50 Years With Rolled up Socks, or Three Strikes and I'm Out

Joe Keohane - my father, not my brother nor his son nor his son, it's a popular name in my clan - made an historic decision earlier this year. Fifty (might be fifty-one) years ago, when my oldest brother Joe was a kid, Dad did what most Dads are arm-twisted into doing: coach his little league baseball team. He also coached my younger brothers on the same team. Dad's team was the major league Twins (to educate: there's Pee-Wees, what we call the Instructional or Farm league these days, then the minor league, then majors, then beyond to the more advanced levels of baseball existence). When Joe graduated from the majors, Dad stayed with the team, coaching the following year. And the following. Fifty years later, nearing 89 years old, with baseball registration dwindling in town and the league's need to reduce the number of teams, Dad voluntarily stepped down from coaching.

He was a great coach, taking his team to the championship at least twenty times, if not more.

He wasn't an overly-aggressive coach, sitting quietly on the side by the dugout and - after having quit smoking decades before - sucking on rocks to keep himself focused (never swallowed any, as far as I know). He was a good teacher, rolling up hundreds of socks over the years into balls for batting practice (allowed the boys to swing hard without worrying about chasing balls all over the place), never bothering with memorizing signals - when Dad wanted one of his players to steal a base, he'd simply shout, "Steal!" Usually worked (never hurt that the normally quiet coach was suddenly yelling, throwing everyone off-focus, except his runner).

He loved coaching. You could tell. And he did this for so long, he eventually coached the sons of former players (and if I'm not mistaken an occasional grandson).

As an aside, I never made it to the majors. I dropped out of little league after my second year of Pee-Wees. With a perfect batting average (I never got a hit... well, that's philosophically not true, but I'll save that story for another time), baseball and I did not mix. Actually, sports and I did not mix (again, for another time).

In many ways, sports was how Dad related to and spent time with his kids. He wasn't just a coach for baseball, but also hockey with my uncle and godfather Ed Sullivan, and my brother, and my cousin after that.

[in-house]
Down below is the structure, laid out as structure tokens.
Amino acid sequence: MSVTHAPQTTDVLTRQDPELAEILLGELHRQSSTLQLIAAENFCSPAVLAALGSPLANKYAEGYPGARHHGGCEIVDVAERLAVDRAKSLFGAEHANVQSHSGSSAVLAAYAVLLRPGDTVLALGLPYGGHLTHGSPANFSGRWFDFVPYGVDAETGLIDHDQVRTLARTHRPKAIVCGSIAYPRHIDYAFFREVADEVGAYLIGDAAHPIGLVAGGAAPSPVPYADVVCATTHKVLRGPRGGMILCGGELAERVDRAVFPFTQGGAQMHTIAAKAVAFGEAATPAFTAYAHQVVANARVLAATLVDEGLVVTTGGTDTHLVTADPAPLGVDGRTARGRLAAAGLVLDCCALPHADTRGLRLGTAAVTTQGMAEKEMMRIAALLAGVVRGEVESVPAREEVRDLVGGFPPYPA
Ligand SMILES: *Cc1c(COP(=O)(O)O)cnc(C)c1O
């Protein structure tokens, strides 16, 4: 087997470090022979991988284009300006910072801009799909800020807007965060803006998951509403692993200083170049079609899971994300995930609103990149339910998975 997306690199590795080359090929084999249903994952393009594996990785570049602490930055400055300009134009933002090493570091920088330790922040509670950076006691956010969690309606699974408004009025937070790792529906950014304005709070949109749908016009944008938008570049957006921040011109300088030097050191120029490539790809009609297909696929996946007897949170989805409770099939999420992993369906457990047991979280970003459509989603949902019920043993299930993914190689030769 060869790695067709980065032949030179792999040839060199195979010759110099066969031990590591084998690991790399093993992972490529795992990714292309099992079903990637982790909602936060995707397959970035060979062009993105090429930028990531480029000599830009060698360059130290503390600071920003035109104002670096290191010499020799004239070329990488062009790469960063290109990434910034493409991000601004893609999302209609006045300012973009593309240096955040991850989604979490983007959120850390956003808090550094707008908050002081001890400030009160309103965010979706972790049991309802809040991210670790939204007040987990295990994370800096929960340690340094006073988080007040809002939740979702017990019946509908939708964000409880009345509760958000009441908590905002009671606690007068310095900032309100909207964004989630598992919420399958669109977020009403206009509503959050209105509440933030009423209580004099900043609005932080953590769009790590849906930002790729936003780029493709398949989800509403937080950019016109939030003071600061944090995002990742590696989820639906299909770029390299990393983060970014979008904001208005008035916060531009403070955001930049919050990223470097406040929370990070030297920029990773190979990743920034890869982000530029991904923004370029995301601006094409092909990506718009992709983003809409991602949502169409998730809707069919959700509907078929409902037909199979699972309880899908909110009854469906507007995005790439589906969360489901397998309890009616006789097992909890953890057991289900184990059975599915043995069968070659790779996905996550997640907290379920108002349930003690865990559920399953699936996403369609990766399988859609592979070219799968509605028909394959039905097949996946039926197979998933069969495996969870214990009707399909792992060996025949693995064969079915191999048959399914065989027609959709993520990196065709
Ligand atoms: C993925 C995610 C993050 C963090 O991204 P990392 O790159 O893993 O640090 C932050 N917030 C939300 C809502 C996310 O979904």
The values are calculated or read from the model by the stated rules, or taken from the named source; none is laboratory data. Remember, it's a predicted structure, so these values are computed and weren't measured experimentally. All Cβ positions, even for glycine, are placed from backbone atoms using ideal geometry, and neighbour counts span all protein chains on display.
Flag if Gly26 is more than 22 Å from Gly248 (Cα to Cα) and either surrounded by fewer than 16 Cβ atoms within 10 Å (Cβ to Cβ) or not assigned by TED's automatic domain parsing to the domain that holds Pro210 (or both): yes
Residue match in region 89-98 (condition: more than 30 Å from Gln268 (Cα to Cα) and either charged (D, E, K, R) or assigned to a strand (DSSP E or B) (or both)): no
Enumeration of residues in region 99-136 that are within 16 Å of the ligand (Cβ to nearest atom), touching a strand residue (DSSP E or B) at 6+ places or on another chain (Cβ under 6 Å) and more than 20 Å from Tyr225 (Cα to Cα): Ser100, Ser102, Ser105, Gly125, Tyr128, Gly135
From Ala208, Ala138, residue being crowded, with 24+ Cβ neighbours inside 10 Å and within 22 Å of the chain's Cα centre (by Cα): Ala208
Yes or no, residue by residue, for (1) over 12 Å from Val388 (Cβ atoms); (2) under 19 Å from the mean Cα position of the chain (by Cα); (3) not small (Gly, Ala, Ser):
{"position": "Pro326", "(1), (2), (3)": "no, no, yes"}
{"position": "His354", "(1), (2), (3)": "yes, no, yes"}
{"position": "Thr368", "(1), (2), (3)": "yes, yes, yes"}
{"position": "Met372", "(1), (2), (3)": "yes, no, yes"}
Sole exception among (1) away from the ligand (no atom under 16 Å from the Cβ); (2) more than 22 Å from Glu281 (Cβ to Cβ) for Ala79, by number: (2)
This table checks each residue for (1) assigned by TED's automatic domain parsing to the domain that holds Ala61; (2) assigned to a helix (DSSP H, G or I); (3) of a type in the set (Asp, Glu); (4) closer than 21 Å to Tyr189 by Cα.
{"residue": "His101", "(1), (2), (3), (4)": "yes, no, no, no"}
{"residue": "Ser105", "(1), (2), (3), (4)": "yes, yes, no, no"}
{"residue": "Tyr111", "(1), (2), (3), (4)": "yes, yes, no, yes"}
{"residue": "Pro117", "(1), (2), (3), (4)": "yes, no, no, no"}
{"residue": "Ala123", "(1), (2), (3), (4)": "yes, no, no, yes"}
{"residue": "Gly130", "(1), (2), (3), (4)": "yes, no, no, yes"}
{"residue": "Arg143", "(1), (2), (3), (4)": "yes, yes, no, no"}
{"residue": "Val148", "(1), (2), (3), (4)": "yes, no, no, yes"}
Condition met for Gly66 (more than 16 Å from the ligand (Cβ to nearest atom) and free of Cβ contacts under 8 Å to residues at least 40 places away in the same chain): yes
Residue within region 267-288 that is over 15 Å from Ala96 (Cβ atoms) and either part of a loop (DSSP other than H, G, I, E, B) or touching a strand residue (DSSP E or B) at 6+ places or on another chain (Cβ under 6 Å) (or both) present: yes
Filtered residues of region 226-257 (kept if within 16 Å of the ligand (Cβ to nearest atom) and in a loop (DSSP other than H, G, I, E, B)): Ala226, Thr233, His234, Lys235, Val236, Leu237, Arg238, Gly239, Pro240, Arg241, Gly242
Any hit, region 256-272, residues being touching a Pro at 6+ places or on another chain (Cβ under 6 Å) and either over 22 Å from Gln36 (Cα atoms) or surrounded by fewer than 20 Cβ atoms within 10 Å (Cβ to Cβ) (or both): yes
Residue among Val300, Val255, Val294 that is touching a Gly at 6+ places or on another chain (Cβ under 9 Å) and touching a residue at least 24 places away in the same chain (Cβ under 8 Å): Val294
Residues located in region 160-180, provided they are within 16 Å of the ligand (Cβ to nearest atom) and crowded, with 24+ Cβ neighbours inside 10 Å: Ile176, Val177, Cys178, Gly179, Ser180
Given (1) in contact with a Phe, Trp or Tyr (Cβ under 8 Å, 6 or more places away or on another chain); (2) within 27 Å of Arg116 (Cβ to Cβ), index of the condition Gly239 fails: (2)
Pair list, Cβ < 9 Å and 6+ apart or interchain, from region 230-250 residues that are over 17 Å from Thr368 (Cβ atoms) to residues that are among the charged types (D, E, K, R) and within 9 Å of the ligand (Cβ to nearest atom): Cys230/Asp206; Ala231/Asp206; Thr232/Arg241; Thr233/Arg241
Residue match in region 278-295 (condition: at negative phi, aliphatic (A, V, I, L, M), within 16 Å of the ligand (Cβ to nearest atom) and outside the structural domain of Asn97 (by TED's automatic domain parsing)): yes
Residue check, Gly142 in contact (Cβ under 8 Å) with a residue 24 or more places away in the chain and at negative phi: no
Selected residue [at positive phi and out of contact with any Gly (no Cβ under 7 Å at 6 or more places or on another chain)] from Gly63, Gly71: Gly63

But the annual summer run around the diamond was his specialty. And I only went to one game. I was eight (I'm always eight in my memories), no, probably younger, like four, sitting on the hill behind right field as the game progressed. Dad had to watch me, and I don't think I was allowed in the dugout for some reason (probably because I was four). I was bored, then scared, as the sun suddenly dropped below the horizon and I knew the darkness was going to swallow me whole. I'd be lost forever. I started crying and calling Dad and running over to him. There was a game on, and it took him quite some time to calm me down and explain that the sun had not set, but simply went behind a cloud. The sun came out soon after. I was not lost, but that strangely traumatic moment has been etched in my mind for four and a half decades.

In truth, Dad probably wasn't angry, he just has this deep, booming voice that my insecurity always interpreted as angry. Children with low self-esteem tend to miss the smiles on others.

I never went to another game, and likely was kept away so I wouldn't run onto the field (I might have done something like that, the memory is a little fuzzy). Around the end of college, nearly twenty years later, I told myself I would go to a game as an adult, really see what Dad did in these games, cheer the team on. Support him. Then it was after graduation, then marriage, and kids of my own, Cat's In the Cradle and all that. There was always something distracting me, making me lose track of time - until one day, last year, I remembered, wait! I want to go to Dad's game. I emailed him, and he explained that the season always ended before summer started. A fact I should probably have already known.

Oh. shoot. OK. Next year.

Three strikes, my son, my son. Hearing Dad announce his retirement was bittersweet. So proud of him, always have been. Hell, a few years back they even named the field on which he'd coached for half a century after him. It's called Joe Keohane Field now. I tell everyone about this, and make it a point to drive by when I'm in town so I can see the sign. But I knew: I waited too long. This isn't the only time I've put something off only to find, eventually, it's too late. Will the fact that my only memory of seeing Dad coach in fifty years is of me crying when I thought the sun had disappeared, change how the universe is spinning? No, only mine. Likely, when I'm dead, Jesus will sit me down in the movie theater of judgment, show this gap in the reel of my life and shake his head. 'Really?' he might say.

But, in the end, I have my words. I have this little universe of letters which I put together now and then to make something new, and though I never connected with Dad with a ball or bat or skate (dropped out of hockey camp, too), I can this way, With words. I regret, and always will, never focusing outside of my little world long enough to step back onto your field more often, Dad, but I've always, always been so proud of what you have done. You're a hero in many ways, to many people, not the least of which being me.

Looking forward to seeing what you do next.


Ed Gilbert said…
Very nice tribute to your Dad. He was certainly a unique Dad / person who gave a lot back to the community. I often think about him when I reflect on my years of coaching, not quite half of his years. Good job Dan.

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